6B_Ch_23_GG

# 6B_Ch_23_GG - Chapter 23 Faradays Law and Induction Michael...

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Chapter 23 Faraday’s Law and Induction

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Michael Faraday 1791 – 1867 Great experimental physicist Contributions to early electricity include Invention of motor, generator, and transformer Electromagnetic induction Laws of electrolysis
Induction An induced current is produced by a changing magnetic field There is an induced emf associated with the induced current A current is produced without a battery present in the circuit Faraday’s Law of Induction describes the induced emf

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EMF Produced by a Changing Magnetic Field A loop of wire is connected to a sensitive ammeter When a magnet is moved toward the loop, the ammeter deflects The deflection indicates a current induced in the wire The magnet is moved away from the loop The ammeter deflects in the opposite direction
Faraday’s Experiment – Set Up A primary coil is connected to a switch and a battery The wire is wrapped around an iron ring A secondary coil is also wrapped around the iron ring There is no battery present in the secondary coil The secondary coil is not electrically connected to the primary coil

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Faraday’s Experiment – Findings At the instant the switch is closed, the galvanometer (ammeter) needle deflects in one direction and then returns to zero When the switch is opened, the galvanometer needle deflects in the opposite direction and then returns to zero The galvanometer reads zero when there is a steady current or when there is no current in the primary circuit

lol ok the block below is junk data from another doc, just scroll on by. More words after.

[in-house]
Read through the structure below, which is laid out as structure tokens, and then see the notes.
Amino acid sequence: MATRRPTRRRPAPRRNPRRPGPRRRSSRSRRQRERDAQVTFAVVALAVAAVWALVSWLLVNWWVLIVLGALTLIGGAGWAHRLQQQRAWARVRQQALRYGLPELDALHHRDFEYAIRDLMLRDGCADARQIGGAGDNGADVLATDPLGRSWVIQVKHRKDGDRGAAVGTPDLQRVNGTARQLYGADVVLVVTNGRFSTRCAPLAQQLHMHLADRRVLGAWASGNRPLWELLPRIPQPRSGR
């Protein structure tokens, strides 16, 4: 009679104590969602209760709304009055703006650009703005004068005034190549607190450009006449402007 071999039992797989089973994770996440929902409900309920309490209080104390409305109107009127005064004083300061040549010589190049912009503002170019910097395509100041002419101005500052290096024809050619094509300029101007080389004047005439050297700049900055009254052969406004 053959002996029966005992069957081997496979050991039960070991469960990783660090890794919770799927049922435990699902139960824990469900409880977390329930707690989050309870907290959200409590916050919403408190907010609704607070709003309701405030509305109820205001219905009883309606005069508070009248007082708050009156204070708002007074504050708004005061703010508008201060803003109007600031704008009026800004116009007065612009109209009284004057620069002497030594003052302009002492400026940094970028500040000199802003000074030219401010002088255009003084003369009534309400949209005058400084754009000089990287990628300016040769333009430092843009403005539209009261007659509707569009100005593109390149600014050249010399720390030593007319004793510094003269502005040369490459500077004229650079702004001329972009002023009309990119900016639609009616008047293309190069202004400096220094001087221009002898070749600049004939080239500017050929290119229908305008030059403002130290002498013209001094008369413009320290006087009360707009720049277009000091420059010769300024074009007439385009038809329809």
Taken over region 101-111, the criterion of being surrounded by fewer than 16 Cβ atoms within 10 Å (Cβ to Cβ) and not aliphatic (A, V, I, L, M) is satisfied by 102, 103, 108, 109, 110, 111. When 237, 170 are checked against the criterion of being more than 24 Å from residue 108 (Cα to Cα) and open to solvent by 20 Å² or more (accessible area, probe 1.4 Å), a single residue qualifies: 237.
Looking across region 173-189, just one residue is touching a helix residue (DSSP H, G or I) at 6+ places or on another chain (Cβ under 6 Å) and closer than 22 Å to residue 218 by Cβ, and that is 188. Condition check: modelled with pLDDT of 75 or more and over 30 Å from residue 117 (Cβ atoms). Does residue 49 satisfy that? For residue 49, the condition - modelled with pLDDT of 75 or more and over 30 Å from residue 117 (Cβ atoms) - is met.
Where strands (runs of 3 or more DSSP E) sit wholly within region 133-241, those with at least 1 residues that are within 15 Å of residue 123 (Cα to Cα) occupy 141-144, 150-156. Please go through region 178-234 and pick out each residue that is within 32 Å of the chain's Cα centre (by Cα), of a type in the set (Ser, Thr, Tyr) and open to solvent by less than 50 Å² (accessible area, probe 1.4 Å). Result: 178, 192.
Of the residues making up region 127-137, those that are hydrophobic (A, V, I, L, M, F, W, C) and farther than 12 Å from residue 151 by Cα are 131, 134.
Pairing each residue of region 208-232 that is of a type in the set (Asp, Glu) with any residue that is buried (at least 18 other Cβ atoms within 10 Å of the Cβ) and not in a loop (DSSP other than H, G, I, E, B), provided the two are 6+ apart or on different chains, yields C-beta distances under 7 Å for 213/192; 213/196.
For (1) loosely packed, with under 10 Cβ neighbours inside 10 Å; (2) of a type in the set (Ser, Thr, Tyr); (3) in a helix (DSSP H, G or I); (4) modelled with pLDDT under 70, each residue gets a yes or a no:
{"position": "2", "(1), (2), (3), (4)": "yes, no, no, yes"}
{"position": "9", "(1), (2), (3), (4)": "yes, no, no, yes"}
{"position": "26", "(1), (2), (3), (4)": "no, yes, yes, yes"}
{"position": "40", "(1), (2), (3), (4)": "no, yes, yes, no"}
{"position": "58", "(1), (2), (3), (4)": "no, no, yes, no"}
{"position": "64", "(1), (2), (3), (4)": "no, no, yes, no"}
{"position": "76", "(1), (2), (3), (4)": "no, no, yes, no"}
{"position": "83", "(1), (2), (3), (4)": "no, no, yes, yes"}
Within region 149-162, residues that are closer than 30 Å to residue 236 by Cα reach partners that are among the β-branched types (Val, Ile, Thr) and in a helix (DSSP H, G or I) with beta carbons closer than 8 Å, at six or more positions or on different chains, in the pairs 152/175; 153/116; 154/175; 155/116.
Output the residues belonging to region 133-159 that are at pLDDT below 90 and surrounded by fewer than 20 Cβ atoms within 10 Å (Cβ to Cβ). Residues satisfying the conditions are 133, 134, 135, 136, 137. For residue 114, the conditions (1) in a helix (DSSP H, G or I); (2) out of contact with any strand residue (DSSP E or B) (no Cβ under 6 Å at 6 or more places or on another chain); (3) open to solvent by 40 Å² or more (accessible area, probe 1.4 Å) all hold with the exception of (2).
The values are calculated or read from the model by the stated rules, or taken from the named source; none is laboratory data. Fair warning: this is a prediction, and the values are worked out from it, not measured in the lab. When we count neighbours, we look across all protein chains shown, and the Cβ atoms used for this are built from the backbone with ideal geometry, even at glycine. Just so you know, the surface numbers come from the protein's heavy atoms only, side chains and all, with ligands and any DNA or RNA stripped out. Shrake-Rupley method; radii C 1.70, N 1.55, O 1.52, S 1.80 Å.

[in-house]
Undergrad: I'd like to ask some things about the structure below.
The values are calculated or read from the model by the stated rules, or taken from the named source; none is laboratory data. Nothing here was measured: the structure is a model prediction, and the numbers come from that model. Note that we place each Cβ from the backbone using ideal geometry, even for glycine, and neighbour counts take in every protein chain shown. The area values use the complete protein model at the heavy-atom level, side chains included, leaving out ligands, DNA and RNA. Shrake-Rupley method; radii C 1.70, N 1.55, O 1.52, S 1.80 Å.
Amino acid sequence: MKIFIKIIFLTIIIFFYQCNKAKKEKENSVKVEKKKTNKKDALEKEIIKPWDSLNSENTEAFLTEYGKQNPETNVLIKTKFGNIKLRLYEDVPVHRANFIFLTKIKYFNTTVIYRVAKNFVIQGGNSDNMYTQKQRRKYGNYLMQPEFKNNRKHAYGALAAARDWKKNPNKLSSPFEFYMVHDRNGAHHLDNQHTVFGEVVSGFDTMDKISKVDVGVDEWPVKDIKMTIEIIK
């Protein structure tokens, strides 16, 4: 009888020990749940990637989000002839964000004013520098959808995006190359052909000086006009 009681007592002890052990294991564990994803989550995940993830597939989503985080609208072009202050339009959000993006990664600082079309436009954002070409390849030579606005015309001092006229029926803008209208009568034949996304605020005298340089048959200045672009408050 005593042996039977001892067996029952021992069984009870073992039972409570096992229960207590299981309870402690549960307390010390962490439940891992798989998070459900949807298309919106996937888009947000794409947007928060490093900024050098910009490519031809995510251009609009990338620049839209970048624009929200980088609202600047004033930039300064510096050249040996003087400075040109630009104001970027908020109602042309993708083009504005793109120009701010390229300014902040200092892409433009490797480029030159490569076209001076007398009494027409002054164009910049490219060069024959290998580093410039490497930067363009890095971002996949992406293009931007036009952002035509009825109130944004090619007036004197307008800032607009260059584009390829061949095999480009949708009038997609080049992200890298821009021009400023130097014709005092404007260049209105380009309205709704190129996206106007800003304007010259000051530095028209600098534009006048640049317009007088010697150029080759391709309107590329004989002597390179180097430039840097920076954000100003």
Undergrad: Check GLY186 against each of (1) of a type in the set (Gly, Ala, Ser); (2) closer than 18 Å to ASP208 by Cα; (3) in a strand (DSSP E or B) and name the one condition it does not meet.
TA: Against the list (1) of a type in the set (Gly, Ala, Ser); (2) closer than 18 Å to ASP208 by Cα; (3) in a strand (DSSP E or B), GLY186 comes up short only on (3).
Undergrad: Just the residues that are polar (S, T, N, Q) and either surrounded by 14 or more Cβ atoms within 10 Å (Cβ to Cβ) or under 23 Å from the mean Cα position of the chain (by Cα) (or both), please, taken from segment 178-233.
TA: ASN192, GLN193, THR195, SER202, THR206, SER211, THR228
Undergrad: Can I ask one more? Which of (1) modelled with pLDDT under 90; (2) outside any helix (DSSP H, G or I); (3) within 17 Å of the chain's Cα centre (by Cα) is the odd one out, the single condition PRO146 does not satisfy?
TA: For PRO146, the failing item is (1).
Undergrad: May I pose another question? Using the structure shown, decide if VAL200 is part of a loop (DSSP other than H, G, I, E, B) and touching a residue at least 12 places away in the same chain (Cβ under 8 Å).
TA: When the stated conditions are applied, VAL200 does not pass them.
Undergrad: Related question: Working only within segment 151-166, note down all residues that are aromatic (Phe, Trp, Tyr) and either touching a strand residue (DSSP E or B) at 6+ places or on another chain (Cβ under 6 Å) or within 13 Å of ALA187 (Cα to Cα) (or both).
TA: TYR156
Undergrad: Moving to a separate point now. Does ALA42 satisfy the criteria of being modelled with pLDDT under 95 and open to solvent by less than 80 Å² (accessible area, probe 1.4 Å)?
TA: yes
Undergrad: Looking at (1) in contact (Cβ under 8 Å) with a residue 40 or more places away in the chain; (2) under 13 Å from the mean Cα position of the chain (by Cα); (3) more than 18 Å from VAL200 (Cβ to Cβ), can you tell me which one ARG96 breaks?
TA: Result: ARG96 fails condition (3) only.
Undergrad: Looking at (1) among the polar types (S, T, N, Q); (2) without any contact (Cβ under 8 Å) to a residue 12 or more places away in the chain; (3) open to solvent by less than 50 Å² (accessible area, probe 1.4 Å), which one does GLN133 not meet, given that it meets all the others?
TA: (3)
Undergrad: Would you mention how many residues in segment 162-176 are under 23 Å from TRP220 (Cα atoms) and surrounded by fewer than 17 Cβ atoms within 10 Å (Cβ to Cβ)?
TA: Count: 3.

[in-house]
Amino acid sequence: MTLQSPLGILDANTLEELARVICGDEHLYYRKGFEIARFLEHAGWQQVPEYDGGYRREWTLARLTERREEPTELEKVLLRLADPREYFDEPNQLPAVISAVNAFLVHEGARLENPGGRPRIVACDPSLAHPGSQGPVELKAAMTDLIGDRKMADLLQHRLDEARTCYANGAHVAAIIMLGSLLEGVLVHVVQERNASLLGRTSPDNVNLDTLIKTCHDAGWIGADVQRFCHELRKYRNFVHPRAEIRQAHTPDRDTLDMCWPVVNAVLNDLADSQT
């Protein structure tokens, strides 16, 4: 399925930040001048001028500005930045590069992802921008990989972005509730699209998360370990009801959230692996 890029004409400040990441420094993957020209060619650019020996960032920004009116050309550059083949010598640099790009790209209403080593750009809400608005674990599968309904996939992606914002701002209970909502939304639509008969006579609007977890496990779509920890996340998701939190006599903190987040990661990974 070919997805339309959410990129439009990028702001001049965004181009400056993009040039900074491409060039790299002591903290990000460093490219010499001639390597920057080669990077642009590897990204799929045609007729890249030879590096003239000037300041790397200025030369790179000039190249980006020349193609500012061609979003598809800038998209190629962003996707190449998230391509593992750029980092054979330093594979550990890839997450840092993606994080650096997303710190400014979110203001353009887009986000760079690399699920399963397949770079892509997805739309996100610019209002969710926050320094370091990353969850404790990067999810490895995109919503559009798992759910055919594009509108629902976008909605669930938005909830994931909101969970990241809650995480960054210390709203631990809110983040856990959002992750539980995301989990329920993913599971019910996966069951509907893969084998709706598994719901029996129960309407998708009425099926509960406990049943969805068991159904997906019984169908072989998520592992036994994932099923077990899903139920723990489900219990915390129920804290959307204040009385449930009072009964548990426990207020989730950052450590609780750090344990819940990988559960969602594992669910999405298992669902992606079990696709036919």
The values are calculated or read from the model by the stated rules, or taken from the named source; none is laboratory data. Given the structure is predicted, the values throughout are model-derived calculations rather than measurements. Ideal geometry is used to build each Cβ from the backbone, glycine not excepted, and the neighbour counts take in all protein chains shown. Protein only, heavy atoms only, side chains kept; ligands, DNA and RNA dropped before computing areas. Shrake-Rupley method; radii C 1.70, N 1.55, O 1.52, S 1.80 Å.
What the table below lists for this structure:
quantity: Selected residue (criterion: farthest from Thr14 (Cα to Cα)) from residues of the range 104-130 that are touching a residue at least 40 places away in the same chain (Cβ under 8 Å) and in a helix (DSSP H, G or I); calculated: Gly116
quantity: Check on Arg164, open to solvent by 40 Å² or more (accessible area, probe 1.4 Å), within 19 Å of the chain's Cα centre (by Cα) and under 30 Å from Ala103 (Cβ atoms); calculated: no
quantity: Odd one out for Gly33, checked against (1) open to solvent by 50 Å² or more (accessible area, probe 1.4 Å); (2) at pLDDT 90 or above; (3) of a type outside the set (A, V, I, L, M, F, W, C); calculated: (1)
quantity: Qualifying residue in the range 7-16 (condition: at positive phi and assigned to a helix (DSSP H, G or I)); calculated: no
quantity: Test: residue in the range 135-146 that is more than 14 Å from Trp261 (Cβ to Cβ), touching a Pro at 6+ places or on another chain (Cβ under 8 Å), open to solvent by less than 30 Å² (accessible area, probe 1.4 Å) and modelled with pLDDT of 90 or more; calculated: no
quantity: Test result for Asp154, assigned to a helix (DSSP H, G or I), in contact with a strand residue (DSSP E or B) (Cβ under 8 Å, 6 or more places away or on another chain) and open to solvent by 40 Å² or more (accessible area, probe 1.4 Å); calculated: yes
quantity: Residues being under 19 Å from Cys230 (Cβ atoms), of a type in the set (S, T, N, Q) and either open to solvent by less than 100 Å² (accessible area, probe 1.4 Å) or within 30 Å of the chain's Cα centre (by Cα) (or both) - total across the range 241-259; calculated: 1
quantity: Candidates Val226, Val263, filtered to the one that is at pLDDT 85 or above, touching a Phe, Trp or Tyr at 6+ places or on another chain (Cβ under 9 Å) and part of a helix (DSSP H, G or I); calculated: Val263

Faraday’s Experiment – Conclusions An electric current can be produced by a time-varying magnetic field This would be the current in the secondary circuit of this experimental set-up The induced current exists only while the magnetic field is changing This is generally expressed as: an induced emf is produced in the secondary circuit by the changing magnetic field The actual existence of the magnetic field is not sufficient to produce the induced emf, the field must be changing

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Magnetic Flux and Faraday’s Law To express Faraday’s finding mathematically, the magnetic flux is used Faraday’s Law of Induction states that the emf induced in a circuit is equal to the time rate of change of the magnetic flux through the circuit
Faraday’s Law – Statements, cont If the circuit consists of N identical and concentric loops, and if the field lines pass through all loops, the induced emf becomes – The loops are in series, so the emfs in the individual loops add to give the total emf

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Faraday’s Law – Example Assume a loop enclosing an area A lies in a uniform magnetic field The magnetic flux through the loop is Φ B = B A cos θ The induced emf is
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